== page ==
How a framework from product and service design would help policymakers find the right programs and regulations to solve societal problems
Through my many years working with regulators and policymakers, I have heard that they often struggle at the earliest stages of designing regulation. Often the impetus to develop a new program or regulation starts when a new problem has emerged and become a political priority for politicians. The executive directs the public administration to come up with a solution. Policymakers are often in an awkward position between the executive and the citizens.
Indeed, civil servants often face significant pressure from politicians to develop regulations in a particular way. For example, a standard election promise to raise the minimum wage will inevitably push policymakers to enact such a reform without determining whether it will improve welfare for low-income citizens in practice.
Politicians and policymakers may not have a solid grasp of the causes of the problem or the impact of potential solutions, but face pressure to develop programs and regulations quickly. Policymakers across the world appear to struggle to define the problem they wish to solve, with the resources they have.
For example, traffic fatalities are a problem in many countries. However, the problem is affected by dozens of factors, from car safety technology to driver attentiveness to road quality to weather. These causes might be improved by stricter car safety standards, harsher penalties for drunk driving, more spending on road maintenance or requirements for winter tires. How does the public administration decide what the most significant causes are? How does it design the most effective regulations and programs, while facing pressure from the executive?
Poorly designed regulations and programs bring about huge burdens on society. They stifle innovation and place enormous obligations and costs on businesses and regular people while, at the same time, they do not improve citizens’ welfare. How can the government design programs and regulations that balance costs and benefits across society?
Policymakers are also influenced by their own biases. Banuri et al. found that even at the World Bank and Department for International Development in the UK, policymakers – some of the best in the world – are possibly also driven at times by ideological predisposition, despite significant training in evidence-based policy. The only way to avoid such political and personal biases is through careful deliberation and consideration of the causes of a problem and its potential solutions
How can policymakers broaden their problem solving, avoid cognitive biases and political pressure, and develop practical solutions using their limited resources and time?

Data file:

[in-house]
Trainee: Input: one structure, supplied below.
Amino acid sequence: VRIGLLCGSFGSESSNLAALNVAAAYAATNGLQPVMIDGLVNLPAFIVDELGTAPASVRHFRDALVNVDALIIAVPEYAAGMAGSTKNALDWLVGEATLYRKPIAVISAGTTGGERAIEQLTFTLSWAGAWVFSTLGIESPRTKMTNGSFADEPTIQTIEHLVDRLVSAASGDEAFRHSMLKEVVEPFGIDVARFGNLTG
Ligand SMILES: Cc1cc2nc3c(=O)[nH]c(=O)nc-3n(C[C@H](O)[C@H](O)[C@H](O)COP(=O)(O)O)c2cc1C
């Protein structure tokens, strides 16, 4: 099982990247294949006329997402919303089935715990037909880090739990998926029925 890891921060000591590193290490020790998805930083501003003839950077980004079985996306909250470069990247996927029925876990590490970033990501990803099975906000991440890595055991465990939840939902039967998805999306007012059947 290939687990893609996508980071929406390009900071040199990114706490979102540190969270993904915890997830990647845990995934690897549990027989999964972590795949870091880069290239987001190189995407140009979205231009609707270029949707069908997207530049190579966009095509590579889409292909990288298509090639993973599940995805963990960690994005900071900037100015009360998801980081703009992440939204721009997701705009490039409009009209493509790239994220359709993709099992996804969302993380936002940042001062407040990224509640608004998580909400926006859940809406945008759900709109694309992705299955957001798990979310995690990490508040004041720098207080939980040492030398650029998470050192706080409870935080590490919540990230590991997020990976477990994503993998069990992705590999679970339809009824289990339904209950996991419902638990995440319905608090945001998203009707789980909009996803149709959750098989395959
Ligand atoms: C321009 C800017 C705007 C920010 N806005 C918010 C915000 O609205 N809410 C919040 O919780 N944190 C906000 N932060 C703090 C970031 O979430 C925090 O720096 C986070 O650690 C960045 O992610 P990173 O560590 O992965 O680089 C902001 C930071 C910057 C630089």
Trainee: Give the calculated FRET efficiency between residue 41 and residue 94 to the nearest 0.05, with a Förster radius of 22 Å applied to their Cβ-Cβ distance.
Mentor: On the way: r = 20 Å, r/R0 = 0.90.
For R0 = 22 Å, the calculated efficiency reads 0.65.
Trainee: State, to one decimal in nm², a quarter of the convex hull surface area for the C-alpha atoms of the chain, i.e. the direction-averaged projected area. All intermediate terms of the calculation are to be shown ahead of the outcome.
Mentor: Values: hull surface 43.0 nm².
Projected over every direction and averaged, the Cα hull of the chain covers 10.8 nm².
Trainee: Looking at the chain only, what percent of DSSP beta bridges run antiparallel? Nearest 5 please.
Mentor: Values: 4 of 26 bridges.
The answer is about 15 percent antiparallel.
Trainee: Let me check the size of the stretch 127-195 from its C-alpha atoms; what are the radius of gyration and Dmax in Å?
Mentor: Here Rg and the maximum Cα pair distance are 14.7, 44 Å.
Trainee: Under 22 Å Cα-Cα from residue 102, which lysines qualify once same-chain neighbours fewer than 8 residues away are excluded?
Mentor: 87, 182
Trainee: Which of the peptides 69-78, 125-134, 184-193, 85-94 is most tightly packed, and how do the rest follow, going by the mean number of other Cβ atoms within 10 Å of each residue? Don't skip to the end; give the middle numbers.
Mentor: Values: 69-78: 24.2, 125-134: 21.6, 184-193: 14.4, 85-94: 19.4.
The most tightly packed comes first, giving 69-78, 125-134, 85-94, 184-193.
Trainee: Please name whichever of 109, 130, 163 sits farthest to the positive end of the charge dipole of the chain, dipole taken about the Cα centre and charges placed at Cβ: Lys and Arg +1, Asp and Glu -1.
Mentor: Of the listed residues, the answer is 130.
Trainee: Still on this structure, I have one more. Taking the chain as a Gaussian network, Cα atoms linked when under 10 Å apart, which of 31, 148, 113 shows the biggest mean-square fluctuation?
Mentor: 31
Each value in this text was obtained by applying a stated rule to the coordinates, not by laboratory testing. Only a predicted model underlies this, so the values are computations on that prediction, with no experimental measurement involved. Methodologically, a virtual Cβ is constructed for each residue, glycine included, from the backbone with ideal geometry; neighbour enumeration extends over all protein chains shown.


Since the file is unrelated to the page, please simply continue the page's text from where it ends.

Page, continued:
The Double Diamond Design Process, developed by Bela Banathy in 1996, and popularised by the British Design Council beginning in 2005, provides such an approach. However, it has rarely been used for government policy.
The four pillars of the Double Diamond Design Process are:
- Discover. The first diamond helps people understand, rather than simply assume what the problem is. It involves speaking to and spending time with people who are affected by the issues.
- Define. The insight gathered from the discovery phase can help you to define the challenge in a different way.
- Develop. The second diamond encourages people to give different answers to the clearly defined problem, seeking inspiration from elsewhere and co-designing with a range of different people.
- Deliver. Delivery involves testing out different solutions at small-scale, rejecting those that will not work and improving the ones that will.
When the government applies this process to challenging policy problems, the four pillars will become:
- Discover. Policymakers and politicians first spend time understanding the specific causes of the issue at hand, rather than assuming (a favourite method for politicians!) or leaning on personal biases. At this stage, the government should engage directly with people affected by the issue and discussing with experts with different viewpoints. This stage helps discover the many causes of an issue.
- Define. The insight gathered from the discovery phase should be used to define which causes of the issue they will target through regulations and programs. Government intervention may not be able to improve all causes of an issue.
- Develop. The second diamond encourages policymakers to develop regulations, policies and programs to target the clearly defined causes of the problem, seeking inspiration from other countries and co-designing with a range of different stakeholders. The development process should engage groups from all levels of society and not favour vested interests, like businesses. Policymakers can use cost-benefit analysis and cost-effectiveness analysis to weigh the pros and cons of different policy options.
- Deliver. Delivery involves testing programs and regulations out at small-scale when possible (e.g. through behavioural economics experiments), rejecting those that will not work and improving the ones that will. Governments should monitor and evaluate programs and regulations to ensure that they are successful in practice and not just in theory.
This approach raises a critical question for me: Are there any public administrations that are structured to apply an innovative framework to how they design programs and regulations?
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